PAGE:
Obviously, if you need to use a higher isolation level than the default read committed, then all read operations will be part of an explicit database transaction. In that case, you need to open your own business--ef will not do this for you. However, this typically only deals specifically with the specified business transaction. The EF default settings can be appropriate for most business transactions. use explicit transactions to perform write operations

EF automatically packs all operations into an explicit database transaction through the Dbcontext.savechanges () method-to ensure that all modifications applied to the context are either fully committed or completely rolled back.

The EF write operation uses the default transaction isolation level configured by the database engine (read committed for SQL Server).

NHibernate User considerations

This is another big difference between EF and nhibernate. In NHibernate, database transactions are fully in the hands of developers. NHibernate session will never automatically open an explicit database transaction. You can override the default behavior of the EF and control the database transaction scope and isolation level

using (var context = new Mydbcontext (ConnectionString))
       using (var transaction =context. BeginTransaction (Isolationlevel.repeatableread))
              Context. SaveChanges ();
              Transaction.commit ();

A very obvious side effect of manually controlling the scope of database transactions is that you have to keep the database connections and transactions open throughout the transaction scope.

You should try to keep the scope of the transaction as short as possible. Opening a database transaction for too long may have a significant impact on the performance and scalability of your application. Specifically, try not to invoke other service methods within the scope of a display transaction-they may perform long-running operations without realizing that they are invoked within an open database transaction. The EF does not have a built-in way to override the default isolation level used for autocommit transactions and automatic explicit transactions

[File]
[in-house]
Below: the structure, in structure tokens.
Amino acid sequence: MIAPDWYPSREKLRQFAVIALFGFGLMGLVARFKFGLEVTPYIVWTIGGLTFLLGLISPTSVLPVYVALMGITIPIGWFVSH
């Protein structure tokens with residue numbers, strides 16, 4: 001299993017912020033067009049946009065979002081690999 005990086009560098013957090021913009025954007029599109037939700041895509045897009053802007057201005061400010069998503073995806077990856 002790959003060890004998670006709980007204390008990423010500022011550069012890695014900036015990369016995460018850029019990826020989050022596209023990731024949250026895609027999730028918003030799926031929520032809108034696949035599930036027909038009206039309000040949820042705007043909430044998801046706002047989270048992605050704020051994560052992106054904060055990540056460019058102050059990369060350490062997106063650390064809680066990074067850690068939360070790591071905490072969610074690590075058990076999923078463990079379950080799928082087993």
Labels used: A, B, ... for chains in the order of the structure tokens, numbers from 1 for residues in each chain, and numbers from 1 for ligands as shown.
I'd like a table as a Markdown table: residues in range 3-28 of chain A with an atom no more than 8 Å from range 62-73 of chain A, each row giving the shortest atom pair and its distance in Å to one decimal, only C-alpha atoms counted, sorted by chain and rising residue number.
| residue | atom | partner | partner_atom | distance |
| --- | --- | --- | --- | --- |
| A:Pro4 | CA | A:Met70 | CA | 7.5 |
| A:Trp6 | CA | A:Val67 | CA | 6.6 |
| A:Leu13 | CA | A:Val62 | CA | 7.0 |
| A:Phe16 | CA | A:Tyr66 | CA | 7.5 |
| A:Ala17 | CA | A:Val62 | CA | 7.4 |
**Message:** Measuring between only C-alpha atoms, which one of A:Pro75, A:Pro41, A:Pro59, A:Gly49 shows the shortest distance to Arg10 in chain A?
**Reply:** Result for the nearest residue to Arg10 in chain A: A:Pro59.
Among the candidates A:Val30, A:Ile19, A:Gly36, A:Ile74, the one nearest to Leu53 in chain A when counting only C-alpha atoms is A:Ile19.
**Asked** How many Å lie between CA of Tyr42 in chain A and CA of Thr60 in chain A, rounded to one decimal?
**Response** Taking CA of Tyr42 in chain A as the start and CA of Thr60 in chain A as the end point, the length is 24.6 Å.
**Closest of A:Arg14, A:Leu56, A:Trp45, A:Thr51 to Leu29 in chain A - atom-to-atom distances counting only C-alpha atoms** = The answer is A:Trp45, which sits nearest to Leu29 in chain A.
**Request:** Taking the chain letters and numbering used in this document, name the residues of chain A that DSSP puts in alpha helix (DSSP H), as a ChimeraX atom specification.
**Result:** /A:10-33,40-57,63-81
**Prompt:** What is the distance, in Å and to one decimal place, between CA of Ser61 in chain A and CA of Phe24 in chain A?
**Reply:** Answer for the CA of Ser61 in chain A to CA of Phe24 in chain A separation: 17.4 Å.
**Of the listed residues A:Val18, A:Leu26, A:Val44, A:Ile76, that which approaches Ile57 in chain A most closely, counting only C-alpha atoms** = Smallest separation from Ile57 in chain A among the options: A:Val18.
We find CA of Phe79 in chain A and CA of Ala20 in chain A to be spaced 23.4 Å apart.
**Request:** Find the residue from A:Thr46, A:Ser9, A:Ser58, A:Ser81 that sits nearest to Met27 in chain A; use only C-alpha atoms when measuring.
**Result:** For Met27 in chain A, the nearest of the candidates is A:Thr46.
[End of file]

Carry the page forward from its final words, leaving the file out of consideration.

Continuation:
As mentioned above, the EF relies on autocommit transactions to perform read operations and automatically opens an explicit transaction at the default isolation level of the database configuration when the SaveChanges () method is invoked.

Unfortunately there is no built-in way to rewrite these isolation levels, and if you want to use another isolation level, you have to open and manage database transactions yourself. automatically join a transactionscope of the surrounding environment via DbContext Open database connection

Alternatively, you can use TransactionScope to control the transaction scope and isolation level. The EF Open database connection automatically joins the TransactionScope of the surrounding environment.

Before EF6, using TransactionScope is the only reliable way to control the database transaction scope and isolation level.

In practice, try to avoid using TransactionScope unless you really need a distributed transaction. TransactionScope, commonly referred to as distributed transactions, is not necessary for most applications. And they usually bring more problems than the problems they solve. If you really need a distributed transaction, you can view the EF documentation section-using TransactionScope in the EF. DbContext instance should be released (but it may be fine if it is not released)

DbContext implements the IDisposable interface, so they should be released as soon as they are not needed.

In practice, however, the Dbcontext.dispose () method does not cause any problems unless you choose to explicitly control the database connection or transaction used by DbContext, as the Diego Vega, an EF team member explained.

This is good news-because you'll find that a lot of code doesn't release DbContext instances correctly. In particular, those who try to manage the DbContext instance lifecycle with a DI container-the reality is much trickier than it sounds.

A DI container, such as StructureMap, does not support releasing the components it creates. Therefore, if you rely on StructureMap to create DbContext instances, they will not be released-no matter what lifecycle mode you set for them. The only correct way to manage a release component with a DI container like this is to complicate your DI configuration and use a nested dependency injection container--as Jeremy Miller describes.